Raid 1 and Raid 1 confusion

Discussion in 'Computer Games and General Discussion' started by nonnonnon, Jan 30, 2011.

Jan 30, 2011
  1. nonnonnon
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    Member nonnonnon GBAtemp Regular

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    Hi! I am planning in buying this SSD. I will use that and the hard disk i got now together, having documents, film, and music on the hard disk, and dualboot kubuntu 10.10 and windows vista on the SSD. I was just wondering what Raid is, wich Raid i should use, and why. Thank you for any answers :-)
     
  2. Scorpei

    Member Scorpei GBAtemp Maniac

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  3. Fat D

    Member Fat D GBAtemp Maniac

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    RAID = redundant array of independant drives. Basically, it means you throw in a bunch of disks and configure them in a certain RAID, and all this results in a single huge disk. There are various varieties, for example you can throw away half the capacity to improve read speeds and redundancy, or, with RAID 5, waste a single drive worth of space in order to be on the safe side if a single one fails. However, it will always slow down writing speed.

    For your purposes, I think it is best not to worry about RAIDs and keep the SSD and the HDD as seperate entities.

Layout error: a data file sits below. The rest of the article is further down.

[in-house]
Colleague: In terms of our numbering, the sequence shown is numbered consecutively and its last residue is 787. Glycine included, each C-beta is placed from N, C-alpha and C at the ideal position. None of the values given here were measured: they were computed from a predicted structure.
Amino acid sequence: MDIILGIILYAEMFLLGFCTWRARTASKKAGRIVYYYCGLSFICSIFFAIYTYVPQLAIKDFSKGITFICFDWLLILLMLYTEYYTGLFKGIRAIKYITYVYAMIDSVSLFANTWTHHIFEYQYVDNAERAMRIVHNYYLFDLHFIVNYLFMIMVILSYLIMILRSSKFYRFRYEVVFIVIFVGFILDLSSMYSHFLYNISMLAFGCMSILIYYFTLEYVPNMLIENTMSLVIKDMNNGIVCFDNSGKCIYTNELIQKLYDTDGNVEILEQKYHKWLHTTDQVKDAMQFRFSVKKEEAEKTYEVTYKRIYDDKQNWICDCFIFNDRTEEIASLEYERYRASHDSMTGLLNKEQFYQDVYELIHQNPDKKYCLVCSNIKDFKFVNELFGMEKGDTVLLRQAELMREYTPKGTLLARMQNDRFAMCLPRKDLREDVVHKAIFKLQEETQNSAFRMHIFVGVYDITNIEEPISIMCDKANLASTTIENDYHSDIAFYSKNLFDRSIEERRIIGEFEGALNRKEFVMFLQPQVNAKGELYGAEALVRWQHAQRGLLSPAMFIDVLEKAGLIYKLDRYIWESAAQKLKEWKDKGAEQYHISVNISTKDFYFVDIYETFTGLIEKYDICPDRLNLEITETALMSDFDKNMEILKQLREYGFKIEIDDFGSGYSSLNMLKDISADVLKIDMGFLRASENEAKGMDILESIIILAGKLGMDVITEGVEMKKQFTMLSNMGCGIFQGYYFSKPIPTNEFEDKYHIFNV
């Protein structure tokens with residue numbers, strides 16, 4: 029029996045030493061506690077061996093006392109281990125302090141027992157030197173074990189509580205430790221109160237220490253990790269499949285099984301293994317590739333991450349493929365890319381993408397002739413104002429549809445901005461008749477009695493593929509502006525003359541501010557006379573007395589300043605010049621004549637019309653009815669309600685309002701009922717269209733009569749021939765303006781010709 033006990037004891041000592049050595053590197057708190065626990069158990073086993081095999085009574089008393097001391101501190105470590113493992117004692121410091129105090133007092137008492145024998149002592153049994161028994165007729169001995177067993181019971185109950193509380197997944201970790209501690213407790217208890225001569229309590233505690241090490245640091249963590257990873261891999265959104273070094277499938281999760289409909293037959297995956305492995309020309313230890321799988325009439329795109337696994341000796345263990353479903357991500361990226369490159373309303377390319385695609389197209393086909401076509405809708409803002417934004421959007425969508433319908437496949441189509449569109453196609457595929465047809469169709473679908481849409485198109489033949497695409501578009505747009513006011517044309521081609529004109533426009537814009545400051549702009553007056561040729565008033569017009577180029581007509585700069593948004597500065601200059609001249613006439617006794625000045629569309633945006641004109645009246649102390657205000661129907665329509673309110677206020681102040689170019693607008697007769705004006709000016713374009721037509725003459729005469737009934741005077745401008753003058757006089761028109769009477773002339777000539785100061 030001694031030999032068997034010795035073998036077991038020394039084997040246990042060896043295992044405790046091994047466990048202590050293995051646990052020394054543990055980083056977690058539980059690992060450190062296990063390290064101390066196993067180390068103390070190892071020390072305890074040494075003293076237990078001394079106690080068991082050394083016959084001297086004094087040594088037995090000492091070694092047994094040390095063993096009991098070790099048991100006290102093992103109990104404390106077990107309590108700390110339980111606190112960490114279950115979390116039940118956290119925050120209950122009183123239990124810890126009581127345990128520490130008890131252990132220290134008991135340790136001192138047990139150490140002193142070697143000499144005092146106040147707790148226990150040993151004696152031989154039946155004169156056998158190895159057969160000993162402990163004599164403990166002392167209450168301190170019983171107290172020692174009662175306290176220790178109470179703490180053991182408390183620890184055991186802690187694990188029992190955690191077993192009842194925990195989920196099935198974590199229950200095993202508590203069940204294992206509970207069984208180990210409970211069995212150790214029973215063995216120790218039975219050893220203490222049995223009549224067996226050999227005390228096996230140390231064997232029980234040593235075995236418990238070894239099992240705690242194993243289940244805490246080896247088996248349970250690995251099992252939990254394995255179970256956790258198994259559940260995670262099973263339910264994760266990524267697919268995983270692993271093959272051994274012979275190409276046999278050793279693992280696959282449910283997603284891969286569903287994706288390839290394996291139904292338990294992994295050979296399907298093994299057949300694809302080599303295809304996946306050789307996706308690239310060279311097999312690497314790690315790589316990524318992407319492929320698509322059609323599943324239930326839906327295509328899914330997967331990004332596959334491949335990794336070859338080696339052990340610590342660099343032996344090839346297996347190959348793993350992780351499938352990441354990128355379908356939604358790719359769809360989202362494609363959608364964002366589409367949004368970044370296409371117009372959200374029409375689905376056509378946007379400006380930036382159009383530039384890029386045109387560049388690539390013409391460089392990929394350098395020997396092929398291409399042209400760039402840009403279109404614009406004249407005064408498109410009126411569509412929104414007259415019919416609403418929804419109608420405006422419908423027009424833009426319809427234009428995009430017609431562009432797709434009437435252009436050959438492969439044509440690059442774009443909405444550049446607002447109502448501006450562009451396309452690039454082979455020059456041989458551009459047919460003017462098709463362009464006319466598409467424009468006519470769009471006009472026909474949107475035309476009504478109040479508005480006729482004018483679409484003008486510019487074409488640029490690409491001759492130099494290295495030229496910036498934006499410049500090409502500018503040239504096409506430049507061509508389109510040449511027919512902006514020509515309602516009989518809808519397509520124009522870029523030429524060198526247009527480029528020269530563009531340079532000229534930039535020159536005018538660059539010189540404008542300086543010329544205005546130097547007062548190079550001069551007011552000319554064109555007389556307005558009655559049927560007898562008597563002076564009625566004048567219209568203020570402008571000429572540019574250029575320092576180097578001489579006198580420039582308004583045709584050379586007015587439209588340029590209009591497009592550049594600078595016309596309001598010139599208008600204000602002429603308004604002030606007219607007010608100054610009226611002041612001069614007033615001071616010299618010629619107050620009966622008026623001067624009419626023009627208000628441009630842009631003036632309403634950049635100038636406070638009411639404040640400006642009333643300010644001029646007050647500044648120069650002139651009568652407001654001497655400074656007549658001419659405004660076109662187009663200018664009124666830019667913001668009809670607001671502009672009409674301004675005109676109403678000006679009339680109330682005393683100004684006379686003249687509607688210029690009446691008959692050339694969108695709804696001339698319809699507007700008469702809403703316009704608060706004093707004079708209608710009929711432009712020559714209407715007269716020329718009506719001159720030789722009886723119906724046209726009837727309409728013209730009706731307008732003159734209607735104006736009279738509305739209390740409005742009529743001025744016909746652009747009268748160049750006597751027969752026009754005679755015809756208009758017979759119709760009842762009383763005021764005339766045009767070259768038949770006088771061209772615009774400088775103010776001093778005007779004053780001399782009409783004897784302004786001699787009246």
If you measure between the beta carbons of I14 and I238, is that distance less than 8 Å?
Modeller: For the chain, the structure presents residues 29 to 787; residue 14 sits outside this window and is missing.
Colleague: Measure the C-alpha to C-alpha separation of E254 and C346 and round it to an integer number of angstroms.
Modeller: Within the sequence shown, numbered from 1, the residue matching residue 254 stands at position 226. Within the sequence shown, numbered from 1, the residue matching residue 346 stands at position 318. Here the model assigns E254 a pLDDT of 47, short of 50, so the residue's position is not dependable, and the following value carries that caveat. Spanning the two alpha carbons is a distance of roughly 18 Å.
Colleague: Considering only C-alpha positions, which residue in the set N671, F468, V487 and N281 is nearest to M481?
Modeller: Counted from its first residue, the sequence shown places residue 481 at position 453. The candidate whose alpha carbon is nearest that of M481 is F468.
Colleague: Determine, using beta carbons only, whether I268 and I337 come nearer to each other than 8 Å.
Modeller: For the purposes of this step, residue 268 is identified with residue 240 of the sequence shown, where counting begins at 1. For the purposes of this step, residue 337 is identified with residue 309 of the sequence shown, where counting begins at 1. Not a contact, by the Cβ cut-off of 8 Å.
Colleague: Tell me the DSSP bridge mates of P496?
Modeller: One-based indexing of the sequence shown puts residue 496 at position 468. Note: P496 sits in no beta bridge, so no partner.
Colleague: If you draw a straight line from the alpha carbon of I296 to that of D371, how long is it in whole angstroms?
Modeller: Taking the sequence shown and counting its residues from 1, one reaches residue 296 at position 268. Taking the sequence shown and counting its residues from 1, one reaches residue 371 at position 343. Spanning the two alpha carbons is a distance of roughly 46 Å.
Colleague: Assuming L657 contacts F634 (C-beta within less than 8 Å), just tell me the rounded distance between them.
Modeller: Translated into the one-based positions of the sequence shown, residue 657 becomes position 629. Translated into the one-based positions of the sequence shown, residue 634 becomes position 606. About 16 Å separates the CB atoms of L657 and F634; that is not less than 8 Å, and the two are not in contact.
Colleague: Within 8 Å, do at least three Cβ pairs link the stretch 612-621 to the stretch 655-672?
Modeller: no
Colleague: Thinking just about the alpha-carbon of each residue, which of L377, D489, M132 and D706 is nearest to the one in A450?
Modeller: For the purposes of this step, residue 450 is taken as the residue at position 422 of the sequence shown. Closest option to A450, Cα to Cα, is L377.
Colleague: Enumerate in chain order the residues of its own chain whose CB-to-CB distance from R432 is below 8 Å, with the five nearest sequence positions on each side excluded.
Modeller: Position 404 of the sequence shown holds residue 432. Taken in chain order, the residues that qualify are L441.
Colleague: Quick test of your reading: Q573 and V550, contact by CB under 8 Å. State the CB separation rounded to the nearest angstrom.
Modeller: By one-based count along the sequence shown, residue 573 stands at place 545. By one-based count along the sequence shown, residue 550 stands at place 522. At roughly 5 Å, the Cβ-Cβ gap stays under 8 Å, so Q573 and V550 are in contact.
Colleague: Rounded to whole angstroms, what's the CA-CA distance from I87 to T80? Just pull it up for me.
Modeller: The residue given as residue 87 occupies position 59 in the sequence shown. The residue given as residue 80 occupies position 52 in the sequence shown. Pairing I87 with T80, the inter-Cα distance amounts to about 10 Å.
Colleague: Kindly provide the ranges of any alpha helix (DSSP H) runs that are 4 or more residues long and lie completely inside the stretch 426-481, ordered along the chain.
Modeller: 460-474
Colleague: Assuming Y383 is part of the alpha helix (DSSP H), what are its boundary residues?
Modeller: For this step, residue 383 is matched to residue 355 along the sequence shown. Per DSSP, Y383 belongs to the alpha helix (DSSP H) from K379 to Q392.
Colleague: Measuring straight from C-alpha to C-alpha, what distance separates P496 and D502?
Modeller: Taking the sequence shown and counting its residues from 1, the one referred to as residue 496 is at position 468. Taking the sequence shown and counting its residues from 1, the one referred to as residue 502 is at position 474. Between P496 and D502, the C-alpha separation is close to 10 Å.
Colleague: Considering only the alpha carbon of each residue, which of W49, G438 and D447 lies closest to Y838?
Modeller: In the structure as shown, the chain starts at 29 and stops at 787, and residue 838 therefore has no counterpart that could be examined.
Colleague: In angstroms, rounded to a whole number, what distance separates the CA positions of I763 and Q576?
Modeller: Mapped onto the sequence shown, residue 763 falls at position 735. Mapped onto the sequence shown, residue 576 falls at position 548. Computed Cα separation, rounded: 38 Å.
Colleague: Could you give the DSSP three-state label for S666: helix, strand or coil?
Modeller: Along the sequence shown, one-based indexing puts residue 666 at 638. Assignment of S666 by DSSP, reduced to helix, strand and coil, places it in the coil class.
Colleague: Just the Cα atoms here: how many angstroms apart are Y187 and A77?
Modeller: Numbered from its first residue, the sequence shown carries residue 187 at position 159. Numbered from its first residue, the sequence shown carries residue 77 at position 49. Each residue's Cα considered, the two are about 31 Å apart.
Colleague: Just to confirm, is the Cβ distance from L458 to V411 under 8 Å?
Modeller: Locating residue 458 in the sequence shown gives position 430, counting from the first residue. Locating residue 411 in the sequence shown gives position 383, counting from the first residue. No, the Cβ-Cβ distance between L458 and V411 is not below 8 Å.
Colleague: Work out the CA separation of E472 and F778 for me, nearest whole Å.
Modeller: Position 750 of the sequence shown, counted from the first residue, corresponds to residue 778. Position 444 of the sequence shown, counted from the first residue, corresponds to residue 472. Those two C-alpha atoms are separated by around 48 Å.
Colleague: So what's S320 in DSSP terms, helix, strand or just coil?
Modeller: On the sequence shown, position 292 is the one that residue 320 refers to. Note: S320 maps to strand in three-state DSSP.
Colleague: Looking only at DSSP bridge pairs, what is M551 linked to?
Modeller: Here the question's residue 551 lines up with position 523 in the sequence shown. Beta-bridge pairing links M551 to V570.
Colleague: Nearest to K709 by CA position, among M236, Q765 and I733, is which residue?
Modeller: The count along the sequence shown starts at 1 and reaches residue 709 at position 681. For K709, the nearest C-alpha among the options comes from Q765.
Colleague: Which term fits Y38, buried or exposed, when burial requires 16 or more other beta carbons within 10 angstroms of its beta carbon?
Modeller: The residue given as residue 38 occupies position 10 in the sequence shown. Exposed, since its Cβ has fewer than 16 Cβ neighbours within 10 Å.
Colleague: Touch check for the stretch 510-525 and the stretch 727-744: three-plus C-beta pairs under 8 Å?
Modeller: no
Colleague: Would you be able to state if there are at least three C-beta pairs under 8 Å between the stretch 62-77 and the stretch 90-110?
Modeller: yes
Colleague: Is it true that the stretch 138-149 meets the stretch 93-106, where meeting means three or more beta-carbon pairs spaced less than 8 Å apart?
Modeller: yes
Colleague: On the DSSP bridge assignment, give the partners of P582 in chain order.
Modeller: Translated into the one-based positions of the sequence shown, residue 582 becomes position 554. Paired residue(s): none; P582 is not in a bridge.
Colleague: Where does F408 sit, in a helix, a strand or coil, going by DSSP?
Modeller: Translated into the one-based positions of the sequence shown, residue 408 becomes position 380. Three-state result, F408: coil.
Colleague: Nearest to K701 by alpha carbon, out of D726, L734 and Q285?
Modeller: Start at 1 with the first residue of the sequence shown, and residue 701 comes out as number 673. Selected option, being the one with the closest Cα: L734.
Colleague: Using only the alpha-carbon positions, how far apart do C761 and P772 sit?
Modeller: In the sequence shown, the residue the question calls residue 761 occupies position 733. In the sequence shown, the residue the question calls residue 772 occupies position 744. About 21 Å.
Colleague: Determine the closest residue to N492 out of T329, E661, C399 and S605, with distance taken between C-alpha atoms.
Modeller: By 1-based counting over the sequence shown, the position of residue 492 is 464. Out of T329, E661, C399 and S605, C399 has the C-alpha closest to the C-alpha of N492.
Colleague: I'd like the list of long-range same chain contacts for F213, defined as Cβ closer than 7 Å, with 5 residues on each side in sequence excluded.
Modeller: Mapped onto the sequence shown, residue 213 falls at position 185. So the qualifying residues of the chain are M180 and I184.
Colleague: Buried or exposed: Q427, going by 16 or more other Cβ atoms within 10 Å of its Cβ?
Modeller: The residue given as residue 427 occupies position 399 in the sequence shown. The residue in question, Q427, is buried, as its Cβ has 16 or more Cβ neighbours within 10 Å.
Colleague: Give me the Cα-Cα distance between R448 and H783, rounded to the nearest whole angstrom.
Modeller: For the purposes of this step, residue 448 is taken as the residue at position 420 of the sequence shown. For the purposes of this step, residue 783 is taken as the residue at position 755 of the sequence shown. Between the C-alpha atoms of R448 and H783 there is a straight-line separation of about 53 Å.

4. Originality

    Member Originality Chibi-neko

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    Word of warning, that SSD will not boot an OS. EDIT: To explain, PCI-e SSD drives currently do not allow any OS to boot from them. They can only be used as high-speed storage for the time being. In the future, BIOS may provide support for PCI-e booting, but for now it doesn't. If you want to boot an OS, it either has to be via IDE/SATA (HDD, SSD or ODD), or USB (although I've yet to get a USB boot OS working in my experiments). EDIT2: After doing some research into it, I've found that you actually can install an OS onto it (it's not plug-n-play so you'll need to load additional drivers before the installation), however I've read many reports of it being unstable afterwards with BSoDs appearing regularly. It might just be with a few defective products, but I've seen enough over various forums to be skeptical that it's any better than a Crucial C300 120GB drive.

    Simplified description of RAID: an array of drives set up to write data to each drive at the same time.
    RAID 0 = sharing the data across each drive. Provides additional performance and capacity, but if one drive dies, all the data is lost.
    RAID 1 = mirroring the data from one drive to the next. Doesn't affect performance at all, and you gain no extra capacity from the extra drive, but if one drive fails, you lose no data so long as the other drive still works. In other words, using a backup drive.
     
  5. nonnonnon
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    Member nonnonnon GBAtemp Regular

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    Thank you for all the answers! One more question: Anyone knows if Linux (Kubuntu) works with this?
     

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